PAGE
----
Although eloquence underpinned Churchill’s success as Prime Minister, there was a time when silence saved his life.
I came across this fascinating story in Hero of the Empire by Candice Millard. Churchill was born to a line of Dukes of Marlborough. His father, Lord Randolph, was Chancellor of the Exchequer (finance minister). By age 24, Churchill knew he’d someday become Prime Minister. The challenge was to gain public attention. He decided to distinguish himself at war. Millard writes of a formative experience in Churchill’s young life.
Background: Britain annexed South Africa soon after diamonds were discovered there. This was opposed by the Boers, farmers of mostly Dutch descent who’d settled in the area then called the Transvaal, especially because Britain had abolished slavery. In the late 1800s, skirmishes often occurred between the Boers and the British army.
Churchill was the highest paid war correspondent in South Africa—impressive considering colleagues included Rudyard Kipling and Arthur Conan Doyle. Determined to cover the action, Churchill thrust himself into dangerous situations.
One battle in South Africa was particularly harrowing. Churchill had befriended Captain Aylmer Haldane of the Dublin Fusiliers. Haldane had the impossible assignment to move a small train of armored cars bearing soldiers toward Estcourt in Natal (southeast South Africa). Boers piled rocks on the track. When the train derailed, Boer sharpshooters on horseback attacked.
Haldane was too injured to command. With bullets flying and shells exploding, Churchill took over, shouting orders, convincing the fleeing engine driver to stay. He rallied surviving soldiers to uncouple destroyed cars and push a derailed car out of the way. His efforts got the engine moving again. A heroic feat.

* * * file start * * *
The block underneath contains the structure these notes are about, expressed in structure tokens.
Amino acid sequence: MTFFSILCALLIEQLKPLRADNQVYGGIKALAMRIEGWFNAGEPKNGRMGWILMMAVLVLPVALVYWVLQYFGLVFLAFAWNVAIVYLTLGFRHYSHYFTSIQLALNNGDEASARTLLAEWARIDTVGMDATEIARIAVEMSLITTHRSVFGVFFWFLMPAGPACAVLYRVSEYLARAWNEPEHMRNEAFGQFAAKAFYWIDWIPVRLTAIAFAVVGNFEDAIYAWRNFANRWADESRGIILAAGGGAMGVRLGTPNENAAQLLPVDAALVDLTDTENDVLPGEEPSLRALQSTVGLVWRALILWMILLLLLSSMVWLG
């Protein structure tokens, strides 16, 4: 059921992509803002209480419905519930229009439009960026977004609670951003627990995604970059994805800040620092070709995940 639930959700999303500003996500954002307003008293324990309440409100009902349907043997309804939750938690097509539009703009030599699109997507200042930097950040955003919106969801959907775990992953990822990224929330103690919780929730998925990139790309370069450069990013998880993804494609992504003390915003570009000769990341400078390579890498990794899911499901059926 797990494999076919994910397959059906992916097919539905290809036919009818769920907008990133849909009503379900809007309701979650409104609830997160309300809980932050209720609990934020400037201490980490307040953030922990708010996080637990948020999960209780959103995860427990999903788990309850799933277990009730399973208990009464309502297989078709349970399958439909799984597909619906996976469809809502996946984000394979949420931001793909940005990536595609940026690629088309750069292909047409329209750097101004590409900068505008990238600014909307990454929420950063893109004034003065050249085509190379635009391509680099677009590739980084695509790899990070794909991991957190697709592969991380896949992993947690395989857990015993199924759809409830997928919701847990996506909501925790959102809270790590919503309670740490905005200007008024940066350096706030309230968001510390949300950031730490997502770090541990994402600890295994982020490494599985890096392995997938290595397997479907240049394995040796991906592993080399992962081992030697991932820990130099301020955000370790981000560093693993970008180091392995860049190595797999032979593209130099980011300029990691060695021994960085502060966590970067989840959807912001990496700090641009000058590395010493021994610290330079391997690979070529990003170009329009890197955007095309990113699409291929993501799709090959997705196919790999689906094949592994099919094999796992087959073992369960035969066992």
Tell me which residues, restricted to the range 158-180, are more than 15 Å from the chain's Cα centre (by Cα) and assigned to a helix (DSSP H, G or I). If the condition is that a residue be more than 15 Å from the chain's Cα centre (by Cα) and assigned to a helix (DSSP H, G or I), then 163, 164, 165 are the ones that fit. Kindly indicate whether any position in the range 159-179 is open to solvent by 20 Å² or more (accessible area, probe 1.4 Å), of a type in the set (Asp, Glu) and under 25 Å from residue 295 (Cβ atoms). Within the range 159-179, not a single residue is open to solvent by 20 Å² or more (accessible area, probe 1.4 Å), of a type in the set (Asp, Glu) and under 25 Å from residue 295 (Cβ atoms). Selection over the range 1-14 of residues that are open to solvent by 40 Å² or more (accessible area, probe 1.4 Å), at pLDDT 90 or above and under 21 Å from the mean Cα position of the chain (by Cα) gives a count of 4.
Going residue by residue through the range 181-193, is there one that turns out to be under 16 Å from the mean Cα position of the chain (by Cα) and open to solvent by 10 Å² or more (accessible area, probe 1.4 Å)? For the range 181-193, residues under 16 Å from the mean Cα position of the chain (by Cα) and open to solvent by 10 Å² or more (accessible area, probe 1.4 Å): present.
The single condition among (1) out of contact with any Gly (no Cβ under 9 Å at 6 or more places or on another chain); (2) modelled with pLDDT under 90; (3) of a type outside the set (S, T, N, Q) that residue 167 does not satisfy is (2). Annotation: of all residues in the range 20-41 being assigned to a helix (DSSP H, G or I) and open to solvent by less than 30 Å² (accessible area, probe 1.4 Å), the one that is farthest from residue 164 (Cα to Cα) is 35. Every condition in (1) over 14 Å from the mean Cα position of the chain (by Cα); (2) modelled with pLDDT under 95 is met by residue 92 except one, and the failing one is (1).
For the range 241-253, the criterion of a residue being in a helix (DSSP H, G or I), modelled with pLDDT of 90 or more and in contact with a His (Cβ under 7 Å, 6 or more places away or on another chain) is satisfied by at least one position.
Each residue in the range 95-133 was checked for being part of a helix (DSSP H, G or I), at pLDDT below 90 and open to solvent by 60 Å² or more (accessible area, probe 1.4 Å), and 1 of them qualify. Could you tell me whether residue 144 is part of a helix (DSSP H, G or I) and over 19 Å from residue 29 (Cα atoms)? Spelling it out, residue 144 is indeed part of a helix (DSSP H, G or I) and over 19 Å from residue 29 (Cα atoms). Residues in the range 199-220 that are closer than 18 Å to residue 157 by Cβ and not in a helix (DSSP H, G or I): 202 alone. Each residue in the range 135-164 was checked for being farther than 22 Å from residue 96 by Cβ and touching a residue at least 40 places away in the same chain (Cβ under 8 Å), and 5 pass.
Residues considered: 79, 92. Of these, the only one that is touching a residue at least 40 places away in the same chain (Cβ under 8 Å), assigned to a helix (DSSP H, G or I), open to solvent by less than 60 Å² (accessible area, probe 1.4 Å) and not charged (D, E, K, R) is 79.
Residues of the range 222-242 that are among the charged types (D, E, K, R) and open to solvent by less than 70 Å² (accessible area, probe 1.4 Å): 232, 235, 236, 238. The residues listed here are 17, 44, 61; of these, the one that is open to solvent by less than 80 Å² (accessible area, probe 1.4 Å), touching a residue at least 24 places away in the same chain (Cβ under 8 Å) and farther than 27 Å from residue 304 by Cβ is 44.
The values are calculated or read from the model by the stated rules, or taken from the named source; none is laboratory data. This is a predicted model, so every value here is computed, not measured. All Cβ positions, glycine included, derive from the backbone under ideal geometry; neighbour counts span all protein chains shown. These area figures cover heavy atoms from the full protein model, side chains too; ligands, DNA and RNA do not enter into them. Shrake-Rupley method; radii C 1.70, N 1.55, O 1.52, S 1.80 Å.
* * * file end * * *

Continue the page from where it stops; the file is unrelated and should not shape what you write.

After, the Boers arrested Churchill. Incarceration as a P.O.W. proved tortuous. He determined to escape. His friend Haldane and Irish sergeant major Adam Brockie had a plan. Brockie was fluent in Dutch and Zulu, languages they’d need. Churchill asked to join them. Brockie declined, objecting that Churchill’s tendency to talk would tip off the guards and that Churchill was out of shape. Haldane insisted on including him. The plan involved jumping a fence at the right moment, then making their way east through hundreds of miles of Boer-occupied territory to Portugese East Africa (now Mozambique).
A moment arose and Churchill impulsively jumped the fence. He crouched behind a bush, waiting for his co-conspirators. They were unable to get away. Churchill, at 24, found himself on his own in hostile country, without a map, unable to speak the language.
This brash young man who loved nothing better than an audience was forced to endure silence and stealth. With only his wallet and a couple of chocolate bars, he walked all night and jumped trains. He was alone and terrified.
Churchill attended church regularly as a child, but no longer did so. Millard writes: “Now, with no new ideas, no clever plans, no strutting confidence in the strength of his mind… Churchill was forced to admit to himself that he needed help. …He was, by all measures but one, alone, and so did the only thing he could think to do. He prayed, ‘long and earnestly.’” Churchill later wrote, “Without the assistance of that High Power which interferes in the eternal sequence of causes and effects more often than we are always prone to admit, I could never succeed.”
The next night, surrounded by enemies, slipping in strength, Churchill spotted a coal mine and, nearby, a “dark, forbidding” house. Later, he wrote, “Suddenly without the slightest reason all my doubts disappeared. It was certainly by no process of logic that they were dispelled.” He knocked on the door of the house. When he revealed his identity, the homeowner said, “Thank God you have come here! It is the only house for twenty miles where you would not have been handed over. But we are all British here, and we will see you through.”
The homeowner, John Howard, managed the mine. He rallied friends who concocted a scheme to spirit Churchill out of the Transvaal. To learn how, read the book. Suffice it to say the ruse involved more absolute silence on the part of the great orator.
The inimitable Sir Winston Churchill would go on to use language to inspire a nation and ultimately save the free world. Your reward for reading this far: a couple of my favorite lines:
- “If you’re going through hell, keep going.”
- “Never in the field of human conflict was so much owed by so many to so few.”
- “I could not live without Champagne. In victory I deserve it. In defeat I need it.”
Thank you, Sir Winston.